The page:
It's all a bit of a political jumble at the moment, so we've decided to help you choose who to vote for in the 2017 general election.

As you’ll be aware unless you spent 2016 under a rock (I wouldn’t blame you, honestly) politics is having a bit of a moment. Whilst it’s tempting to yell ‘OH GOD, NOT MORE POLITICS’ and just sit in the dark with the WiFi turned off and a family pack of cheese puffs, I’m not going to let that happen. So here’s your guide to who you should vote for in the 2017 general election, based on general policies and each party's relationship with students and higher education.

The Conservative Party

who to vote for in the 2017 general election - the conservatives

Tuition Fees: Under a Conservative Government, tuition fees will stay in place. They also pushed through the Higher Education and Research Bill, allowing universities to increase tuition fees in line with inflation every year until 2020. Most universities, not surprisingly, have decided to raise fees. The first increase will be in September 2017, where students will pay £9,250 a year for their degrees.

Brexit: Theresa May seems to be pushing for a hard Brexit. The negotiations could pan out in many different ways, but it’s likely that UK universities will lose much of their EU research funding. The number of EU students coming to study in the UK could also fall if they are required to have visas to study here.

Previous form with students:

  • Oversaw a rise in tuition fees £3,290 to £9,000 in 2010, meaning that the price of a degree (not including loans for living costs) soared from £9870 to £27,000
  • Attempted to introduce a clause in the TEF to create a two-tiered university ranking system, with higher-ranked universities being allowed to charge more than lower ones, effectively forcing students to choose between university prestige and greater debt, or a lower-ranked university and less debt.
  • Scrapped maintenance grants and replaced them with loans

The Labour Party

who to vote for in the 2017 general election - the labour party

Tuition Fees: In the Labour Party’s leaked manifesto, they claim that they will abolish tuition fees and bring back maintenance grants for students after the Conservative Government scrapped and replaced them with maintenance loans in 2016.

Brexit: Labour likely to oppose strict controls on immigration and freedom of movement whilst attempting to respect the issues raised by the Brexit vote. However, Sadiq Khan (Labour Mayor of London) has summed up the general atmosphere by pointing out that people are ‘unclear about the Labour position’ on Brexit.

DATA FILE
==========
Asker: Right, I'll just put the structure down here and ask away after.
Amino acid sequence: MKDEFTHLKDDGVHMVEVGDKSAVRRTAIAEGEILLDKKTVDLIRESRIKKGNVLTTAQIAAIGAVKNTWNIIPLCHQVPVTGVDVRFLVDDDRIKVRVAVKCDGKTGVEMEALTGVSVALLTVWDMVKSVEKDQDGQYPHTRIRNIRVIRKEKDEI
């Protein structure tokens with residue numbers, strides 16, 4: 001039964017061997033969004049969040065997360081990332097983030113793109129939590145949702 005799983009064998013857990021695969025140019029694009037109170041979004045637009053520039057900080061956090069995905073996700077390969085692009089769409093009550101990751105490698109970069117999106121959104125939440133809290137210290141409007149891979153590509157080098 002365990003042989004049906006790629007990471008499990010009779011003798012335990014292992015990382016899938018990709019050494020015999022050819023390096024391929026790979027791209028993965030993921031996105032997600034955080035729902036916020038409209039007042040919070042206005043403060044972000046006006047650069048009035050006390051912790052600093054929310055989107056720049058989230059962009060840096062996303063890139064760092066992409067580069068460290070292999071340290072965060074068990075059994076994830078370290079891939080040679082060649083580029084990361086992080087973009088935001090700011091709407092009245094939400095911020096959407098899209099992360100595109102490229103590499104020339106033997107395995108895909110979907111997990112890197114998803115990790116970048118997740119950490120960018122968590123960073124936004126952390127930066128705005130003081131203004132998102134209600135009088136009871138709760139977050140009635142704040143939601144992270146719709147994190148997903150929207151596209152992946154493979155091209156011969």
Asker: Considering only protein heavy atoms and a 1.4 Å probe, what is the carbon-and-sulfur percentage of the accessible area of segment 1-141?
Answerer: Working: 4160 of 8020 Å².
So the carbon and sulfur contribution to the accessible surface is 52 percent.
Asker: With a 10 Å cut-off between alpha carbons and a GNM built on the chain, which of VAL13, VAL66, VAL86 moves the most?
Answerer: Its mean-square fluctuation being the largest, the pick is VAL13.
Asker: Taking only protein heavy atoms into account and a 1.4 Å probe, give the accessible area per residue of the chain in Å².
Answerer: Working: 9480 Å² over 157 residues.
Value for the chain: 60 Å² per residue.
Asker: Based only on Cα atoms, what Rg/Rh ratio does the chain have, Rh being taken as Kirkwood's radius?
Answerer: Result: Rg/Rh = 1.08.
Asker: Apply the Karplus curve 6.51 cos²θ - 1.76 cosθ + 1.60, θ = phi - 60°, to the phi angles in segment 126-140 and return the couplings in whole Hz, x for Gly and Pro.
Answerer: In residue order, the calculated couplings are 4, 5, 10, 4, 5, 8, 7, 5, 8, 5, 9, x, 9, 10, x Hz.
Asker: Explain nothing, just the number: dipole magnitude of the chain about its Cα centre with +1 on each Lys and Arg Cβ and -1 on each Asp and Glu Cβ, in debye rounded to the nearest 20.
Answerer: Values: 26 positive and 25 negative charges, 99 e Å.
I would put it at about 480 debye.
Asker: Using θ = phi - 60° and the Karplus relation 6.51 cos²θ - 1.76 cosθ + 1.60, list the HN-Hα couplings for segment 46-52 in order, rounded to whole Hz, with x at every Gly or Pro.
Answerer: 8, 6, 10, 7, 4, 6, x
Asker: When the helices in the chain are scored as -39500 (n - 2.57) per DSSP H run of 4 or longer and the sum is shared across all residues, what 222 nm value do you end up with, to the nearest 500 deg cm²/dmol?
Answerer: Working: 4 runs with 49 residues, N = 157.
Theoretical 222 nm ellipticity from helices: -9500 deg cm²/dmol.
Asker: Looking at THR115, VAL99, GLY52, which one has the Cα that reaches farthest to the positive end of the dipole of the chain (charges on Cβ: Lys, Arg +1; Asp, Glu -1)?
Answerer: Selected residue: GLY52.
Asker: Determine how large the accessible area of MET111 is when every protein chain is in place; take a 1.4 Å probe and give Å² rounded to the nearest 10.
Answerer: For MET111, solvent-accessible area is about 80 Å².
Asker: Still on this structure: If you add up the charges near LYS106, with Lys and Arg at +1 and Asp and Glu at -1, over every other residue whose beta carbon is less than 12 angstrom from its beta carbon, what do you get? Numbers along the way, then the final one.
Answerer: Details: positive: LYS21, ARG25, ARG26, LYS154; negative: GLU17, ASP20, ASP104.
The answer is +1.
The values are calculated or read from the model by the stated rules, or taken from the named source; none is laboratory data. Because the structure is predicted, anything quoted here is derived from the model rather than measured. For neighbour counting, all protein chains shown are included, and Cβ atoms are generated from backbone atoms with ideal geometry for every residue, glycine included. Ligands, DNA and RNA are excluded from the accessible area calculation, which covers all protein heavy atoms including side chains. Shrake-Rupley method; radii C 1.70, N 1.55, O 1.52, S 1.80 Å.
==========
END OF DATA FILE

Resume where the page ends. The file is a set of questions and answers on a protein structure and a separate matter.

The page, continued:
Previous form with students:

  • Under Tony Blair, tuition fees were first introduced to UK students in 1998, although Jeremy Corbyn himself voted against this.

The Liberal Democrats

who to vote for in the 2017 general election - liberal democrats

Tuition Fees: The Lib Dems haven’t yet announced their policies for tuition fees if they were to come into power.

Brexit: The Liberal Democrats have a strong opinion on Brexit - they wish that the referendum never happened and would like to have a second vote if elected. Part of their recent popularity is with ‘Remainers’ who previously voted Labour but are unconvinced (or just plain confused) by Corbyn’s stance.

Previous form with students:

  • Many students and young people still haven’t forgiven them for pledging not to raise tuition fees, then supporting the rise to £9,000 a year during the Lib Dem/Conservative coalition.

The Green Party

who to vote for in the 2017 general election - the green party

Tuition Fees: The Green Party have pledged to scrap tuition fees and reintroduce the maintenance grant.

Brexit: The Greens were strongly pro-remain in the EU referendum campaign.


who to vote for in the 2017 general election - ukip

Tuition Fees: UKIP have pledged to scrap tuition fees for ‘able students’ studying medicine, the sciences, maths or technology

Brexit: No points for guessing the political stance of the UK Independence Party.

So, there you have it! The key players in the general election explained by their direct relationship with the student vote. Of course, when you’re choosing who to vote for, these points will only make up some of the factors that help you come to a decision. But if education is important to you, it’s interesting to see where the parties stand. So hopefully you have a better idea of who you’d like to vote for in the 2017 general election.

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